I wish this had been a series. Tartt could have explored each phase of the life of this interesting character in separate volumes without having to cram in a "come to Jesus" moment at the end, wrapped in unbelievable psychobabble. It's as if even she didn't know what to say at the end so she said everything. Perhaps a little more thought could have gone into a dignified way to end the story.
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on February 20, 2014
This site certainly doesn't need another review to add to the over 7,000 already here. I won't add much to the discourse, but I'm doing this for my own satisfaction and to write down my thoughts about this book that can be both awesome and awful.

Donna Tartt is at times a brilliant writer and a masterful wordsmith. But she reminds me of a Grammy-winning jazz trombonist that I saw at a club once. He was an amazing technician and could coax more notes and different sounds out of the trombone than anyone I had ever heard. And while I could certainly appreciate his technical abilities and marvel at the otherwordly sounds he could create with the instrument, in the end the performance was not satisfying. I was looking for some semblance of a melody and artistry at least somewhat pleasant to the ear, but what I got was a cacophanous display of technical ability.

Yes, you can have too much of a good thing. And Donna Tartt proves it with The Goldfinch. No matter how skillfully she writes about Theo's drug-fueled escapades in Las Vegas, we are so tired of hearing about them after a while. And regardless of how well she conveys all of the things going through his mind while holed up in a hotel in Amsterdam, we just don't care at some point.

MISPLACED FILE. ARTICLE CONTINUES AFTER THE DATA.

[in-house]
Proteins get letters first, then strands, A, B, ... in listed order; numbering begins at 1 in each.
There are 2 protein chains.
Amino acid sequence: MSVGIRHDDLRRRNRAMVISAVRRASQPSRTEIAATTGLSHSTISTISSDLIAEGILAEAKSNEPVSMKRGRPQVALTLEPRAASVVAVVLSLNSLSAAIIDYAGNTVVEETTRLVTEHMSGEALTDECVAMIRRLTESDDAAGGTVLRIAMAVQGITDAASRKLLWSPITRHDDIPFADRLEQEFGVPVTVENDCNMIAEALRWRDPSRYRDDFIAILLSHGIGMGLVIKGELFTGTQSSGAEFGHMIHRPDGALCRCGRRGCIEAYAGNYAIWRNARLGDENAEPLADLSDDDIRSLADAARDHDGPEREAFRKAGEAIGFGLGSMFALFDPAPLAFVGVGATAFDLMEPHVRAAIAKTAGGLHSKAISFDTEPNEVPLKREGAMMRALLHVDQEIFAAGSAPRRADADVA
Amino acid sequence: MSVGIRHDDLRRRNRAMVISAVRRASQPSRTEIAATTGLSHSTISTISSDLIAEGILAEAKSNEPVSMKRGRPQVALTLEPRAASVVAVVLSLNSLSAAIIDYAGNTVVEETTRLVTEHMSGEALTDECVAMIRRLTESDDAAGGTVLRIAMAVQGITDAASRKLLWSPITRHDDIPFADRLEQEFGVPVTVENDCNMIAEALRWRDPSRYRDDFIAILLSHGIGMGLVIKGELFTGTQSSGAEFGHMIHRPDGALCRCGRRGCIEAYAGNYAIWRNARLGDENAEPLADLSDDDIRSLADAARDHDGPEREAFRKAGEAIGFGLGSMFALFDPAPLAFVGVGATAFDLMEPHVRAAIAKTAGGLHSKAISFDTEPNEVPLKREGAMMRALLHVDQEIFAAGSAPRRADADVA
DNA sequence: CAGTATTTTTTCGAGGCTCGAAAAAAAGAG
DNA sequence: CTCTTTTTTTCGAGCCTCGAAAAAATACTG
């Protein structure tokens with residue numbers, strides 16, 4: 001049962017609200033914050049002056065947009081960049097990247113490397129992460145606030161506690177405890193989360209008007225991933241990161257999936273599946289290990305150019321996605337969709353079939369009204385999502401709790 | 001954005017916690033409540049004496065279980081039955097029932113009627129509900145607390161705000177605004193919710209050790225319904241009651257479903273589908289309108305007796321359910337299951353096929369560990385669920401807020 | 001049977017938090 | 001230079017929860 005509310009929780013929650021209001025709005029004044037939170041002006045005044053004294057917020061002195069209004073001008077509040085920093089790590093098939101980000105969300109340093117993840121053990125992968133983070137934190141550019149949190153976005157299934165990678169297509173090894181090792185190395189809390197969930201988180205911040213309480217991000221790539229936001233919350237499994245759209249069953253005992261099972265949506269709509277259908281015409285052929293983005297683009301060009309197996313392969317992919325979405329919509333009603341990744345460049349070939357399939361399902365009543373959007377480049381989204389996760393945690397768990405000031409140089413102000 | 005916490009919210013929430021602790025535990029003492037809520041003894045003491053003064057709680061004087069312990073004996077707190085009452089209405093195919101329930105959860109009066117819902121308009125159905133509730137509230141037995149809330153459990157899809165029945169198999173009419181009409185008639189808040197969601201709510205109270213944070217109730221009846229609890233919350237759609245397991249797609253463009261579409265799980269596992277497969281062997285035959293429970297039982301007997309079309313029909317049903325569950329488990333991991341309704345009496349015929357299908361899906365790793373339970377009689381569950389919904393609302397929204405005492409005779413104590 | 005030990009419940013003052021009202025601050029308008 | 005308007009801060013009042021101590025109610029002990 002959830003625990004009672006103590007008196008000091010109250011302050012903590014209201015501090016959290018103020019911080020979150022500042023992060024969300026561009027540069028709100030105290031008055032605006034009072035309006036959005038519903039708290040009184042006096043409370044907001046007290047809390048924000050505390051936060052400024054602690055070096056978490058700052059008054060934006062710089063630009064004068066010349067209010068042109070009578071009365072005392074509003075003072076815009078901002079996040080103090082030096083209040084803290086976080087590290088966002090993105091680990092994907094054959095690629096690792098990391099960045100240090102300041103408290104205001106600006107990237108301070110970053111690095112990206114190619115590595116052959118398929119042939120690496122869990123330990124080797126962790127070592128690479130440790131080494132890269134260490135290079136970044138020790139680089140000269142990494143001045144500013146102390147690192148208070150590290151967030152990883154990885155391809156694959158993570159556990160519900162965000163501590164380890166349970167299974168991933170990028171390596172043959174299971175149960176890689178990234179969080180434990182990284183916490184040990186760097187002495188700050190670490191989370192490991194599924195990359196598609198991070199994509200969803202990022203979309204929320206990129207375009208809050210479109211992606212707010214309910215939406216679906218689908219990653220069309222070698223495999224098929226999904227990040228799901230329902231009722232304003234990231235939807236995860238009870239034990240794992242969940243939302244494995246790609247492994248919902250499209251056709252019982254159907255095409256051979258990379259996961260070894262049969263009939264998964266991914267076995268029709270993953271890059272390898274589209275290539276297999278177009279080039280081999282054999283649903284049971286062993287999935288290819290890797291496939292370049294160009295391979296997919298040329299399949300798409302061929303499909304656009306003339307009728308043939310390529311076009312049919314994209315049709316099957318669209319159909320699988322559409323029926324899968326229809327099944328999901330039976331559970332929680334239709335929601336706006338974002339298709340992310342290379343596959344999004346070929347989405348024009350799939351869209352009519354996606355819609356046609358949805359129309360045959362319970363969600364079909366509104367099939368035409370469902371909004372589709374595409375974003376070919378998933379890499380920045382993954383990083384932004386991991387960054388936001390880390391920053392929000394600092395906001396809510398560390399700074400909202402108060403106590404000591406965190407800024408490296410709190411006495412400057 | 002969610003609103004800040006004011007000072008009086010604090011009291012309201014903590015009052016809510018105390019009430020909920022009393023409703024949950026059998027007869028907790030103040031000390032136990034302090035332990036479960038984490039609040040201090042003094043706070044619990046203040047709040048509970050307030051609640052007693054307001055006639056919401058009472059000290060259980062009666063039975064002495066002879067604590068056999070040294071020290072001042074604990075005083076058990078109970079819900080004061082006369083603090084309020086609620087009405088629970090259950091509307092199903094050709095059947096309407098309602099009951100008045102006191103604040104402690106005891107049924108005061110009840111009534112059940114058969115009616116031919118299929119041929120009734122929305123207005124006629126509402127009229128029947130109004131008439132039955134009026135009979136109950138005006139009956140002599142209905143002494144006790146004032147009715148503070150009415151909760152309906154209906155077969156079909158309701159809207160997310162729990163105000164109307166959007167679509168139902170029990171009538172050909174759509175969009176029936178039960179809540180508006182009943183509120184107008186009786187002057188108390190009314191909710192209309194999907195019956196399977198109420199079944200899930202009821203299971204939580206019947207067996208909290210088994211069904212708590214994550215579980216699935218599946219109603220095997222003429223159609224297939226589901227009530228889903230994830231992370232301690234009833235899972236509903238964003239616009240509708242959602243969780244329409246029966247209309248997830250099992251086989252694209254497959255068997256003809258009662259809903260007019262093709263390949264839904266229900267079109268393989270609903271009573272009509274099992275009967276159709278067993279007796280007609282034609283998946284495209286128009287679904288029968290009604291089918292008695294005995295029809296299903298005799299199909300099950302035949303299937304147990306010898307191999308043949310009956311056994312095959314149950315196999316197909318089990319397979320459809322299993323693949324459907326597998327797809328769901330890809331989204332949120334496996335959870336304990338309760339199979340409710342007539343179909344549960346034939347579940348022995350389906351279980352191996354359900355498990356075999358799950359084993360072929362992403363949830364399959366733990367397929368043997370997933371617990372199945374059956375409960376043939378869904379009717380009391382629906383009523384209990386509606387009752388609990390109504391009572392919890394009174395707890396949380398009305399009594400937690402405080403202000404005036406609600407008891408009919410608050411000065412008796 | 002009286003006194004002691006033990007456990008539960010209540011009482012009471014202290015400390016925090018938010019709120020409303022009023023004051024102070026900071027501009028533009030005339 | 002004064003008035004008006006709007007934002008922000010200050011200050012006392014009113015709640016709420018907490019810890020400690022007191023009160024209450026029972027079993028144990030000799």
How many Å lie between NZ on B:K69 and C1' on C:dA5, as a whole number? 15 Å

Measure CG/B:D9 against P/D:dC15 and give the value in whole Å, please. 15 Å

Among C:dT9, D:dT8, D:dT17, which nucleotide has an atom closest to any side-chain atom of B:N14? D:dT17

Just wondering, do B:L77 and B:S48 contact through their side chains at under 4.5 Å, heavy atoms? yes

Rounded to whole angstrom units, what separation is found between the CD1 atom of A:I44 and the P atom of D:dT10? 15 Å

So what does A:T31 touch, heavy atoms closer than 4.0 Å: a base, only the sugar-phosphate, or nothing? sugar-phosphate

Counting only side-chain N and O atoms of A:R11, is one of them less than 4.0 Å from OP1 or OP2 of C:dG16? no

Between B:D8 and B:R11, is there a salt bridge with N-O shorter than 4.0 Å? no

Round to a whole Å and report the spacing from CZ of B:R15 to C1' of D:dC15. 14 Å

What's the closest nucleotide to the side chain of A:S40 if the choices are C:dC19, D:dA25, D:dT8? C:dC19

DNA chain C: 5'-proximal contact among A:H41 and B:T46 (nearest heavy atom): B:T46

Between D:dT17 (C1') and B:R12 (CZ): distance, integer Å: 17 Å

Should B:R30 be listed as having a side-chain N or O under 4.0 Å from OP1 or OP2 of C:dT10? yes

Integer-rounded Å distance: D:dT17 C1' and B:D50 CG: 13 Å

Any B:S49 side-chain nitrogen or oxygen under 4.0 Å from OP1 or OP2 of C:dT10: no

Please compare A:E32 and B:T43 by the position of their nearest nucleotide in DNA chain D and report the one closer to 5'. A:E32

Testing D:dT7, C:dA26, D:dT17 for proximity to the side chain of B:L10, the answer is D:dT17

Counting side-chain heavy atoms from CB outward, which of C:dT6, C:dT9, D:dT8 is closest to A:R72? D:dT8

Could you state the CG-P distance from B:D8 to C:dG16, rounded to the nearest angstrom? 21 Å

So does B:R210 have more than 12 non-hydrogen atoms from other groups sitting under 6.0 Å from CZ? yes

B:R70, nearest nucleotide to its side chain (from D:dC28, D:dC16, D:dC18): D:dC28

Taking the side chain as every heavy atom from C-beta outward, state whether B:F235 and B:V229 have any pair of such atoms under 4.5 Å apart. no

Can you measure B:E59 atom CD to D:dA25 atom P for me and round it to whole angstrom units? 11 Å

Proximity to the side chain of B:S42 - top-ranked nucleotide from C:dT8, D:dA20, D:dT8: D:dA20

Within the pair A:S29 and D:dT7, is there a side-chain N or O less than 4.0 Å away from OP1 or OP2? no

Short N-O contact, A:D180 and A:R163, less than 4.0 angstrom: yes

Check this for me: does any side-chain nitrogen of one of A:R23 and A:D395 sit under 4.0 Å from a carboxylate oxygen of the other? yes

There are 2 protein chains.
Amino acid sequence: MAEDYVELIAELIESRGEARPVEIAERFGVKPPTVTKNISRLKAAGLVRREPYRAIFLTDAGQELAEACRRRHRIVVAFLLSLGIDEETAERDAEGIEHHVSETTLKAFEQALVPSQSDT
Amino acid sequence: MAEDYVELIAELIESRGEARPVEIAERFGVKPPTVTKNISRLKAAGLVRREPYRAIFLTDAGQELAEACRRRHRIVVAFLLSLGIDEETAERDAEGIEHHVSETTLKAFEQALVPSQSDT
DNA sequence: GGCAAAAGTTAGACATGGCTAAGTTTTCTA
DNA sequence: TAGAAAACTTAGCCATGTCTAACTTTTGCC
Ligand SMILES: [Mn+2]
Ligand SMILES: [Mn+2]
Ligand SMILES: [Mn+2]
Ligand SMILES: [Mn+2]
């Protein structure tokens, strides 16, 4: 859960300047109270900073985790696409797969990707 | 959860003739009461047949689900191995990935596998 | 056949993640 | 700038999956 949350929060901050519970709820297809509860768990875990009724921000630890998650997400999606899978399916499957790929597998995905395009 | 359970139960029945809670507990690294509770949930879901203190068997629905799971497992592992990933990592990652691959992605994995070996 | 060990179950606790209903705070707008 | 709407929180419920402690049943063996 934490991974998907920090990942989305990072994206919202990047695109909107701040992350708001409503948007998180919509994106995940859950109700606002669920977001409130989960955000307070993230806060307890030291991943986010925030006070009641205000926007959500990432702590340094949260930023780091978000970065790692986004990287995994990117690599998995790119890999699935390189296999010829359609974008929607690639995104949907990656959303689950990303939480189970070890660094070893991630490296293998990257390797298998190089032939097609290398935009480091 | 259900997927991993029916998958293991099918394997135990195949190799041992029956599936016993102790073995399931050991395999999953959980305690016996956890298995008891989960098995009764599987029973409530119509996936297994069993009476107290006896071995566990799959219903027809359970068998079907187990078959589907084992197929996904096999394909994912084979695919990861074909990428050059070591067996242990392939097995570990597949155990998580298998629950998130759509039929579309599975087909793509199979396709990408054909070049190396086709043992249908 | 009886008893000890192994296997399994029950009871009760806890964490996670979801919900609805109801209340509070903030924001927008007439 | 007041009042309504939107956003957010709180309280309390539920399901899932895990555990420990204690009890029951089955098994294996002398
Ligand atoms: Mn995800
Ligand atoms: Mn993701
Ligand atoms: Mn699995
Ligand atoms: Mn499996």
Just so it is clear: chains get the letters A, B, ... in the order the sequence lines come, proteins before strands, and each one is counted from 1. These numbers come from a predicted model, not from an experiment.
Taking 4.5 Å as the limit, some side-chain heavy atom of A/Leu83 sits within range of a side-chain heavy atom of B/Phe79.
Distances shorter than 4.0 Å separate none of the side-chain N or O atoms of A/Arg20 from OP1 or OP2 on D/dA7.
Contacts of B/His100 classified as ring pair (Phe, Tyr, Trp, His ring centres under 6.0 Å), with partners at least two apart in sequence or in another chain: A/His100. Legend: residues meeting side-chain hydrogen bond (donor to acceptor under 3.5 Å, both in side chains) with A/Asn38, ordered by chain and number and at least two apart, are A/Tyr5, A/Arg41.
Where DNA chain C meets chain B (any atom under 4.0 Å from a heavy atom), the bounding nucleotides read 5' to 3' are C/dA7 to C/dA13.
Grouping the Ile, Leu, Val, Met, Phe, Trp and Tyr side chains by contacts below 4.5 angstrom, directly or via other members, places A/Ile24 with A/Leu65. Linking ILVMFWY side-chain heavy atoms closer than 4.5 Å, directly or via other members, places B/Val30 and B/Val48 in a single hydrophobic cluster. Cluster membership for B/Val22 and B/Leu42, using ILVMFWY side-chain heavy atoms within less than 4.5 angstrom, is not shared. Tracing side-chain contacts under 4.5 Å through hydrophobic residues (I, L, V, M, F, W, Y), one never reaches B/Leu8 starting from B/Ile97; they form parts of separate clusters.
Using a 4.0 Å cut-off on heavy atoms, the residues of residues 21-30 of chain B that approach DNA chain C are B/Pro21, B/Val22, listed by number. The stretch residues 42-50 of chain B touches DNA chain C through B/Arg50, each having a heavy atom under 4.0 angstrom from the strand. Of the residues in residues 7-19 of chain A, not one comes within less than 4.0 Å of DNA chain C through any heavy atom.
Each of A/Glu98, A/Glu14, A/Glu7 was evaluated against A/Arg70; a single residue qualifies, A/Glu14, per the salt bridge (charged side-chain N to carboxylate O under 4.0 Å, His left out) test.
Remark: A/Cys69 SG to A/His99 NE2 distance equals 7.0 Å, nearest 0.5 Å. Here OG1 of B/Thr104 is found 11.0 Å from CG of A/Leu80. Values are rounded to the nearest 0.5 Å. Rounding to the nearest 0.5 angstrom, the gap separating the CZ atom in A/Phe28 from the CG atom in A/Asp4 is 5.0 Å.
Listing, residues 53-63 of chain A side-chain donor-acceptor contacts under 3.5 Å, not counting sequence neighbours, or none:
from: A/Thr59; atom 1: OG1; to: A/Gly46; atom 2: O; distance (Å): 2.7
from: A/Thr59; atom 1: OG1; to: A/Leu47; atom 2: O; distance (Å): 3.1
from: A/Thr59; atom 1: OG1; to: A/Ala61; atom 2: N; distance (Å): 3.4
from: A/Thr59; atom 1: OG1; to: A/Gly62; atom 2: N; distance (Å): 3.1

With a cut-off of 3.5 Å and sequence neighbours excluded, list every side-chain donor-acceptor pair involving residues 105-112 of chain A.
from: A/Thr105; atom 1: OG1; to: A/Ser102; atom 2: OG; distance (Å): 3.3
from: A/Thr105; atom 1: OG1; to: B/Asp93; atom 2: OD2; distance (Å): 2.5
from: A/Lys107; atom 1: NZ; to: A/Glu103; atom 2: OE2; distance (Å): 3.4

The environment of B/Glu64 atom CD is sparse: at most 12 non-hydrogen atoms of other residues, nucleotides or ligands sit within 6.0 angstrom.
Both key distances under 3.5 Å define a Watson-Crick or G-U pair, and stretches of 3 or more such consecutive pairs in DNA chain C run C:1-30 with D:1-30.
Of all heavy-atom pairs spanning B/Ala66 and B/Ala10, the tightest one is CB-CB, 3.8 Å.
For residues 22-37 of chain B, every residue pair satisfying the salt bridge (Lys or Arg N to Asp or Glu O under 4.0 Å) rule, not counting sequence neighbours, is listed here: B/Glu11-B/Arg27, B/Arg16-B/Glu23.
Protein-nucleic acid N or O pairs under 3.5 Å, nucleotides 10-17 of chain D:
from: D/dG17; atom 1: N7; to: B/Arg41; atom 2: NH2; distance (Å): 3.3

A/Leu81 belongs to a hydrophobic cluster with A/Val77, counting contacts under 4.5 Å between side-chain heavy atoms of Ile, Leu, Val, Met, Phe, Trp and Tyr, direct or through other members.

I understand the tendency of a good writer to do more of what she does well. What I don't understand is the writer's conceit in not recognizing and overcoming that tendency. While I see this as a serious fault in a writer, I find it unforgivable in an editor. Both of them are guilty of taking a 500 page great book and turning it into an 800 page good book.
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on June 5, 2014
This could have been a GREAT book -- if only ... the author didn't try to out-do herself with her over-extended, over-detailed knowledge of the re-imaging of old furniture; if she made the main character, Theo, a bit more likeable (I wanted to smack this kid so many times throughout the book); if she did a bit more research on drug use, on the city of Las Vegas, etc., like she did on antiques. Some of the pages were total wastes of space, and there were sentences that went on and on and on .... like a letter from St. Paul (with a whole lot less meaning and message). It was hard to figure out the time periods, based on what the author had to say, and I found a whole lot less detail when you really needed more. No one in my book club "loved" the book. We didn't understand why it was such a best-seller and how it won the Pulitzer makes me weep for the future of fiction writing, if this is considered worthy of such a prize! I could say so much more but the book was long enough -- TOO long so ...